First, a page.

I was disappointed. I had pictured a girl. People tell me that new moms often picture a girl.  It's the gender whose experience you relate to the most. You can picture your relationship with a girl because you were a little girl to your own mom. Maybe I even started to picture taking her to dance classes and putting those cute little bows in her hair that she would immediately angrily remove.  I would be frustrated but secretly admire her pluck. Oh... the times we would have...

So, I guess in that radiologist's office I was a bit disappointed.  What am I supposed to do with a boy?

But he came and his gender, for the first few years, was completely besides the point. Like a typical new mom, I was completely and utterly in love.

When I got pregnant again, I learned not to listen to my clearly faulty intuition.  My husband passionately wanted a little girl though, so I suppose I absorbed some of that.  Having a girl would lend some finality to our child-rearing; make our family complete. I put some effort into willing myself to have a girl.  I may have even prayed on it.

I sat in my radiologist office thinking that God would be good to us, that little bean we saw on our last ultrasound would start to form girl parts, or lack of boy parts, or whatever.  My radiologist patiently pointed out all healthy grown parts of my fetus, " This is your baby's kidney. It's healthy kidney. This is your babies heart.  Very strong.  This is your babies penis...."

What?  Ok. So... huh?  So, I'm having another boy. I guess it's just all odds. Roll of the dice.  Probability.  We have no control.  No one upstairs is "listening."  So, my first thought when I was told I was going to have another boy was: "There is no God."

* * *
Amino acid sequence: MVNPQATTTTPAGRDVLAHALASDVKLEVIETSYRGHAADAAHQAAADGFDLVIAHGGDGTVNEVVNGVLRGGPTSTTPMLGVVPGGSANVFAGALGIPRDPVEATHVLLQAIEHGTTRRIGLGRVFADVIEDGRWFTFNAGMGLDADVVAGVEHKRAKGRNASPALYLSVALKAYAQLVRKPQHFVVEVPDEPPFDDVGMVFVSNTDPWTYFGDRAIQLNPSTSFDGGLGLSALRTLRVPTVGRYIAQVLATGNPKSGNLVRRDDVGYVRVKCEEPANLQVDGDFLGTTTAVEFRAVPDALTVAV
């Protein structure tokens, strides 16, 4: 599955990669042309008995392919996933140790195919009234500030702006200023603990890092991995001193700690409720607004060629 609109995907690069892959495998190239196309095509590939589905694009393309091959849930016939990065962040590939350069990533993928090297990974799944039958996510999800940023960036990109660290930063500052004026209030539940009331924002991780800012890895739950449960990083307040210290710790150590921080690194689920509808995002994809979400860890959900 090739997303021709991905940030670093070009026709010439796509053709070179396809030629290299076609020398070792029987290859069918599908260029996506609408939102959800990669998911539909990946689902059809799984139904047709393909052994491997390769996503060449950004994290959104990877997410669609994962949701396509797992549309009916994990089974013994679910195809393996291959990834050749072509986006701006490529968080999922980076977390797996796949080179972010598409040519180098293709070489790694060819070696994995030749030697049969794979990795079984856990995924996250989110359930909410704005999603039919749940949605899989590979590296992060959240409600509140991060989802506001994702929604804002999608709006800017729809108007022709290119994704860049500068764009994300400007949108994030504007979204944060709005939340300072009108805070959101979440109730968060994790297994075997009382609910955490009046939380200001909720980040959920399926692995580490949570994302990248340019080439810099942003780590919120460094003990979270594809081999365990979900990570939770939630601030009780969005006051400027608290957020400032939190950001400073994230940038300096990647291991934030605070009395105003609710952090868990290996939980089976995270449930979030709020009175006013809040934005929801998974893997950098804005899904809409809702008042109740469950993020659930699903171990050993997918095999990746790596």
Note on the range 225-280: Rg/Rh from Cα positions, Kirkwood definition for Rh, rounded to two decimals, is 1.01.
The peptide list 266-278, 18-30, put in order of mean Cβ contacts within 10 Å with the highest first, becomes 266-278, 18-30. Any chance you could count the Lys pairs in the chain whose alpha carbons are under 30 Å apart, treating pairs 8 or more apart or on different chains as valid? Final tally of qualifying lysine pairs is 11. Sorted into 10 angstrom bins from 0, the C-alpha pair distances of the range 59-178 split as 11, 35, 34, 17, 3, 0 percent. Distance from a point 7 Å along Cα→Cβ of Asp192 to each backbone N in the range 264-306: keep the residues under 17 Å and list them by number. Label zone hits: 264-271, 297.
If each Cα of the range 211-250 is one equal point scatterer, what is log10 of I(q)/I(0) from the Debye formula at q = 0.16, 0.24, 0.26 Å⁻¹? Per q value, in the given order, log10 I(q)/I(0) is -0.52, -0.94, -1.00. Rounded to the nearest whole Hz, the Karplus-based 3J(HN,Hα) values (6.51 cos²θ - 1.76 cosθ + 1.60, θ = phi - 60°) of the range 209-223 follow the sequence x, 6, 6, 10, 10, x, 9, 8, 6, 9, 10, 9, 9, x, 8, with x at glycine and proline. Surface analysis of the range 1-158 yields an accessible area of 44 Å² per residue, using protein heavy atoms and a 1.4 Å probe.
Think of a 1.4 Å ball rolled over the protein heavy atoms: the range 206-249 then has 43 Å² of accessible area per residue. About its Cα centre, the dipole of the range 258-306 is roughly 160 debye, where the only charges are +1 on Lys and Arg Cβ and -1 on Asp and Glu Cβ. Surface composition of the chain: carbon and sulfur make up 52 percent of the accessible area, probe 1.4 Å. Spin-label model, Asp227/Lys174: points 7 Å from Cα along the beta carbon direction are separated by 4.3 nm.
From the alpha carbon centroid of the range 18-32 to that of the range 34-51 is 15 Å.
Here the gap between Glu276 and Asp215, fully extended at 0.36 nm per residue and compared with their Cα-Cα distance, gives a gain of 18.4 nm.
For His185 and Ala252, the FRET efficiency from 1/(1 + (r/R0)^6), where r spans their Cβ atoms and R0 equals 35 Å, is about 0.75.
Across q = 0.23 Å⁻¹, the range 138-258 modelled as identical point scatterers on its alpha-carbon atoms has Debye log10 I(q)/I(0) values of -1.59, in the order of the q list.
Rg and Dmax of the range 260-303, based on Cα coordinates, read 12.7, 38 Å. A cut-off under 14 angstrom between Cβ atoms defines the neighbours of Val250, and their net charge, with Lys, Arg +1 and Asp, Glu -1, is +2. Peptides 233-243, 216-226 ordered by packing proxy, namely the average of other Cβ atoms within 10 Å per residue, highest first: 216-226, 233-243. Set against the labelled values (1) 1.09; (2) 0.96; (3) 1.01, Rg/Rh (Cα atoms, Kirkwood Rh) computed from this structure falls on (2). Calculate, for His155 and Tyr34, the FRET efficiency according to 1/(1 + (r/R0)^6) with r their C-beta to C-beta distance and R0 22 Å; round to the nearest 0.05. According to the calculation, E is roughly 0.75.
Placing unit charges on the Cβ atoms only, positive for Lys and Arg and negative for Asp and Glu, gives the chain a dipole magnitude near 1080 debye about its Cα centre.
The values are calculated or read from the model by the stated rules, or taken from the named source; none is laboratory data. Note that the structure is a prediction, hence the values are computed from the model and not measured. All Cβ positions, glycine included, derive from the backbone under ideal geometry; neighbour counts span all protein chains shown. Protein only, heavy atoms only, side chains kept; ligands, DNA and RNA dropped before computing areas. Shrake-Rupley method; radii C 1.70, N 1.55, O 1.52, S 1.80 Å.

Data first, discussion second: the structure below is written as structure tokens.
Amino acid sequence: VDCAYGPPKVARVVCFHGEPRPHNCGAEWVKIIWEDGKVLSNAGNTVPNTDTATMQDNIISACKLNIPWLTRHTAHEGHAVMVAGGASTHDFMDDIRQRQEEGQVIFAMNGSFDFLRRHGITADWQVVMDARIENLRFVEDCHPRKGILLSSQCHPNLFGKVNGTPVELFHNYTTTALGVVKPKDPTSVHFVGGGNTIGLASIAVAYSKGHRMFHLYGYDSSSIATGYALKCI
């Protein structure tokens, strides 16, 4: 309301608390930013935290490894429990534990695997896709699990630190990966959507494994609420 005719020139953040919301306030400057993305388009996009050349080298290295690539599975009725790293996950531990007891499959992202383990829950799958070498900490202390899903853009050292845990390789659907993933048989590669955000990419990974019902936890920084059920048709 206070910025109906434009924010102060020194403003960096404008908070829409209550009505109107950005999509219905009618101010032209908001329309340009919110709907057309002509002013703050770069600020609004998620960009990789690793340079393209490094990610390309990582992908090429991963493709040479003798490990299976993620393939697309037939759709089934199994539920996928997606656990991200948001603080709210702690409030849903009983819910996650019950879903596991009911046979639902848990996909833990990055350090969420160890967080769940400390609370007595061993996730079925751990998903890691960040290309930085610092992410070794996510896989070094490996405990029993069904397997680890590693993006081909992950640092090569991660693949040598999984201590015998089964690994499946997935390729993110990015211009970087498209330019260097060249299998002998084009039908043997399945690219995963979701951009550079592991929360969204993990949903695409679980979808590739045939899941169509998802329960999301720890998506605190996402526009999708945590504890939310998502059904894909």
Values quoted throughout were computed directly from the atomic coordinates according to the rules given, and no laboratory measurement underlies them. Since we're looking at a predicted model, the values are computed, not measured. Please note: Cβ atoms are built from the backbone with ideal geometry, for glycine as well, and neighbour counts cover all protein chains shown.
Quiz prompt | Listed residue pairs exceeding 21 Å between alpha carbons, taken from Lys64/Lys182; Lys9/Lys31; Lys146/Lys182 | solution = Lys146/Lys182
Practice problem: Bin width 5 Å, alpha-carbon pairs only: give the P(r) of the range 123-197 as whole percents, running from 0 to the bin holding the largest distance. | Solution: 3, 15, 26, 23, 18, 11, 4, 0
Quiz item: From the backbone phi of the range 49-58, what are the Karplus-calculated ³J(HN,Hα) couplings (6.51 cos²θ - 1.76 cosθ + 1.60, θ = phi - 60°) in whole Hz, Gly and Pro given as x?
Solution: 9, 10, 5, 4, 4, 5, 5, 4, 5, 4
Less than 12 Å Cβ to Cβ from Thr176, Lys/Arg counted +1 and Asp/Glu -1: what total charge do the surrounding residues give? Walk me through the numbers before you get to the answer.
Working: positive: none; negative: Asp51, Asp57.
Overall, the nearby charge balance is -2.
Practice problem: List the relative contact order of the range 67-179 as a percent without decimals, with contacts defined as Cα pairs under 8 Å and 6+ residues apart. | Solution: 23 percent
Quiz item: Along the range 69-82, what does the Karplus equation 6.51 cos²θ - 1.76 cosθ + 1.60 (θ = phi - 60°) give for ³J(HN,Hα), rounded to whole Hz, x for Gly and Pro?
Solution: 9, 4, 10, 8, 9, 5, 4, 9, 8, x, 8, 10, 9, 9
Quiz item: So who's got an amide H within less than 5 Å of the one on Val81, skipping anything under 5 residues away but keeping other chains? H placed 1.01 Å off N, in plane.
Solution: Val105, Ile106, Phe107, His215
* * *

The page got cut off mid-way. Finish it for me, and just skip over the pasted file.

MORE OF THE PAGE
This all makes me sound a lot more disappointed than I was. I mostly felt sorry for my husband who had his heart set on a girl.  I had actually come to love the idea of boys.

When you tell friends you are pregnant with a boy, you get a lot of  "Oh, that's wonderful!" And then a whispered almost conspiratorial, "You know, boys simply adore their mothers."

And I have to say it's true.  I'm sure there are plenty of exceptions, but it seems that girls often have complicated and even competitive relationships with their mothers, but sons simply put their moms on some kind of an irrational pedestal   They are protective and admiring and unconditionally loving to their moms.  Want to touch a nerve?  Tell a man a "your mama" joke.

Right now it's terrific. I'm adored from all corners of my family.  My babies want nothing more in life than to snuggle with their mother and run to her to make it all better when anything goes wrong.

But I'm starting to think about the future.  Soon enough, those tiny legs are going to stretch out into sinewy gangly boy legs, Adam's apples will emerge, voices will lower, hair will sprout, and I'll be surrounded by little men.  By testosterone and acne and competitiveness.  By people who are into things I cannot relate to, like video games and boobs. So, while they'll still be "in love" with their mama, their mama might start to feel a little estranged from their world.

At that point, I suppose I'll be lonely, even achey for some female energy in the house.  I'll be outnumbered, outvoted, out-manned. There won't be anyone interested in talking at length about their budding romances.  There won't be anyone not disgusted by my tampons.  

But we won't be a having any more children so I suppose I need to make my peace with this uncomfortable prospect.  Lots of women do.

My high school boyfriend had all brothers and his mother was overjoyed by her sons' first girlfriends who finally brought some female energy to the household.  I know this because she said things like "I'm overjoyed to have some female energy in the house!"

There were a bunch of mothers of all boys in the neighborhood. You probably knew the type.  They hungered for a girl to talk about things like Hollywood gossip and how piggish their sons were.  They took some surrogates under their wing, maybe even took them shopping.  They'd lurk around the kitchen table where the kids were gathering and try not to appear desperate in their attempts at initiating some girl talk.